Peirce on Synechism, 1

from “Immortality in the Light of Synechism,” 1893

Peirce defines the doctrine of synechism as follows:

The word synechism is the English form of the Greek {synechismos}, from {synech├ęs}, continuous. For two centuries we have been affixing -ist and -ism to words, in order to note sects which exalt the importance of those elements which the stem-words signify. Thus, ”materialism” is the doctrine that matter is everything, ”idealism” the doctrine that ideas are everything, ”dualism” the philosophy which splits everything in two. In like manner, I have proposed to make ”synechism” mean the tendency to regard everything as continuous. [---] I carry the doctrine so far as to maintain that continuity governs the whole domain of experience in every element of it.

He also asserts the relation between synechism and purposiveness:

the synechist will not admit that physical and psychical phenomena are entirely distinct,–whether as belonging to different categories of substance, or as entirely separate sides of one shield,–but will insist that all phenomena are of one character, thought some are more mental and spontaneous, others more material and regular. Sill all alike present that mixture of freedom and constraint, which allows them to be, nay, makes them to be teleological, or purposive.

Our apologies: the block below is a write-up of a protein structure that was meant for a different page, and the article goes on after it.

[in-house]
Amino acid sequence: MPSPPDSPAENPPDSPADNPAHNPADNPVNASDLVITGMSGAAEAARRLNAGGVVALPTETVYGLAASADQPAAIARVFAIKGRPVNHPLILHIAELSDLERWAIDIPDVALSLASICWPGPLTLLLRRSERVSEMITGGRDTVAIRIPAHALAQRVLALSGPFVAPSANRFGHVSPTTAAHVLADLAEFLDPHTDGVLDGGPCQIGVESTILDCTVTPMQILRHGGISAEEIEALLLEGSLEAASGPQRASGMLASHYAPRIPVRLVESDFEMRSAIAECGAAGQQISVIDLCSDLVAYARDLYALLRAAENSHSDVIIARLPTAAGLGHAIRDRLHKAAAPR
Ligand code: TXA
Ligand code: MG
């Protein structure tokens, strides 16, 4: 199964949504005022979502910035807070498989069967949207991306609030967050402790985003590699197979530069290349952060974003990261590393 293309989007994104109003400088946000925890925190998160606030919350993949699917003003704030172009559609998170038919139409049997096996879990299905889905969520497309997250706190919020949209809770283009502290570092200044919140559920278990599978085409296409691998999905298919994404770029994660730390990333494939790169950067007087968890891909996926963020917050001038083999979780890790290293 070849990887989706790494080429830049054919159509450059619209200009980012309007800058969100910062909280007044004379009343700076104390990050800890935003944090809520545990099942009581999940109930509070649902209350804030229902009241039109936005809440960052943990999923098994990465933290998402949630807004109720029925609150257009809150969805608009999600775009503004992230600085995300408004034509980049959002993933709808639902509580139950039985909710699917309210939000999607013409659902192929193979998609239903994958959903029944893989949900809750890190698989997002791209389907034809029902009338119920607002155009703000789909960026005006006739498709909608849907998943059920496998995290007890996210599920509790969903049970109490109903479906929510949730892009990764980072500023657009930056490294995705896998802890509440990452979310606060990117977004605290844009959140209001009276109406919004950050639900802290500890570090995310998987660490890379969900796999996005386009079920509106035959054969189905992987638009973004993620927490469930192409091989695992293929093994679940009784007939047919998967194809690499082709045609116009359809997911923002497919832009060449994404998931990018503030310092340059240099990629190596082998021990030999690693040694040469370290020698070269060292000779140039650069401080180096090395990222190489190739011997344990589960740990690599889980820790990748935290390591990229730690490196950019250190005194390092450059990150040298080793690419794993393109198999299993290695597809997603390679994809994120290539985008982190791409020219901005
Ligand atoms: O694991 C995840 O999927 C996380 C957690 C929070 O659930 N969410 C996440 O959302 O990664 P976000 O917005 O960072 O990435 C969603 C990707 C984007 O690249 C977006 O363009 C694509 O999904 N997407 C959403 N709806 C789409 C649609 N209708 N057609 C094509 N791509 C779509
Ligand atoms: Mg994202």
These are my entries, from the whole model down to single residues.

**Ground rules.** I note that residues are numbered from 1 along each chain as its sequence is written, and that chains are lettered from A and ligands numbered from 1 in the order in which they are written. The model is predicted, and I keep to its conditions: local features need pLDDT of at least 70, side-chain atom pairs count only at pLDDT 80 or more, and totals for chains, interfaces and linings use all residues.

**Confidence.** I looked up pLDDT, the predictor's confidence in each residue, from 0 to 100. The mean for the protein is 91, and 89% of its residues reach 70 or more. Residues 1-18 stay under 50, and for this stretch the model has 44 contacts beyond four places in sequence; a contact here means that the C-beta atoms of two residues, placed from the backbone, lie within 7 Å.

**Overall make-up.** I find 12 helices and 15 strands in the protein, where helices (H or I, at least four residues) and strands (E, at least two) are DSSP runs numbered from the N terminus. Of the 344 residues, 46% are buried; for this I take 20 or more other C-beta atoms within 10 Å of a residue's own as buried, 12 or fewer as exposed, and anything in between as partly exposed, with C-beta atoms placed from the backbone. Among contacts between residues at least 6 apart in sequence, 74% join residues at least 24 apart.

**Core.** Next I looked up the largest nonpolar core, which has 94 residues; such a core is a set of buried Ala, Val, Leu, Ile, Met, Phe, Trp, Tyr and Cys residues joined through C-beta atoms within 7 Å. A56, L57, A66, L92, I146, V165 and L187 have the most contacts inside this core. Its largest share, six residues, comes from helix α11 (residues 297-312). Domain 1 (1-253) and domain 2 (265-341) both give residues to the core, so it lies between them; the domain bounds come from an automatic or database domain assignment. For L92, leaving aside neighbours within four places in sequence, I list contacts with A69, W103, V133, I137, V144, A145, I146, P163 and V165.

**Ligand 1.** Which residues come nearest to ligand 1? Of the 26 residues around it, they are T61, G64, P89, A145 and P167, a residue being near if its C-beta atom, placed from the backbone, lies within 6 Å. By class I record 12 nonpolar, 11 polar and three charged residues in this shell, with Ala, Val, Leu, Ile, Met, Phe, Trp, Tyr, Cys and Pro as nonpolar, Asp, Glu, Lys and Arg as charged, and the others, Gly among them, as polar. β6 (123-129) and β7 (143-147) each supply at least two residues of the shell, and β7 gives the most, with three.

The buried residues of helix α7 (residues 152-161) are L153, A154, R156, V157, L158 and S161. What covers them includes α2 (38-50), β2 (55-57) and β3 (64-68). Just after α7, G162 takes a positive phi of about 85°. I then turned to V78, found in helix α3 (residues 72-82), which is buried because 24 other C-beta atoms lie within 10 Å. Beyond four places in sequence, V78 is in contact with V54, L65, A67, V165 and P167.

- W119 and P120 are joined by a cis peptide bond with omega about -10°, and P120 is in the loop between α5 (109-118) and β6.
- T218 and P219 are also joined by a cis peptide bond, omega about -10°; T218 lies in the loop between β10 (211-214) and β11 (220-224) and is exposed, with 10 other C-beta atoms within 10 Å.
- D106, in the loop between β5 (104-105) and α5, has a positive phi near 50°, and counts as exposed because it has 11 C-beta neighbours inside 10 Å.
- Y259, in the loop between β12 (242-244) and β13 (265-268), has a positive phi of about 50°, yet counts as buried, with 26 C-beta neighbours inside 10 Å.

Peirce also comments on the vanity “personal identity” and of asserting a metaphysics of identity in general, in which we conceptualize ourselves as radically unique and absolutely distinct from other beings.

synechism recognizes that the carnal consciousness is but a small part of the man. There is … the social consciousness, by which a man’s spirit is embodied in others, and which continues to live and breathe and have its being very much longer than superficial observers think.

Peirce comments at the end of the piece that while the doctrine of synechism is a scientific philosophy, it is the basis of showing the continuity of science and religion. Although Peirce wouldn’t schematize his position in exactly this way, with these terms, the following table shows roughly how synechism stands in relations to other positions on Reality:

Doctrines of Reality
1) materialism (empirical)
2) idealism (rational)
3) dualism (dialectical)
4) synechism (modal)

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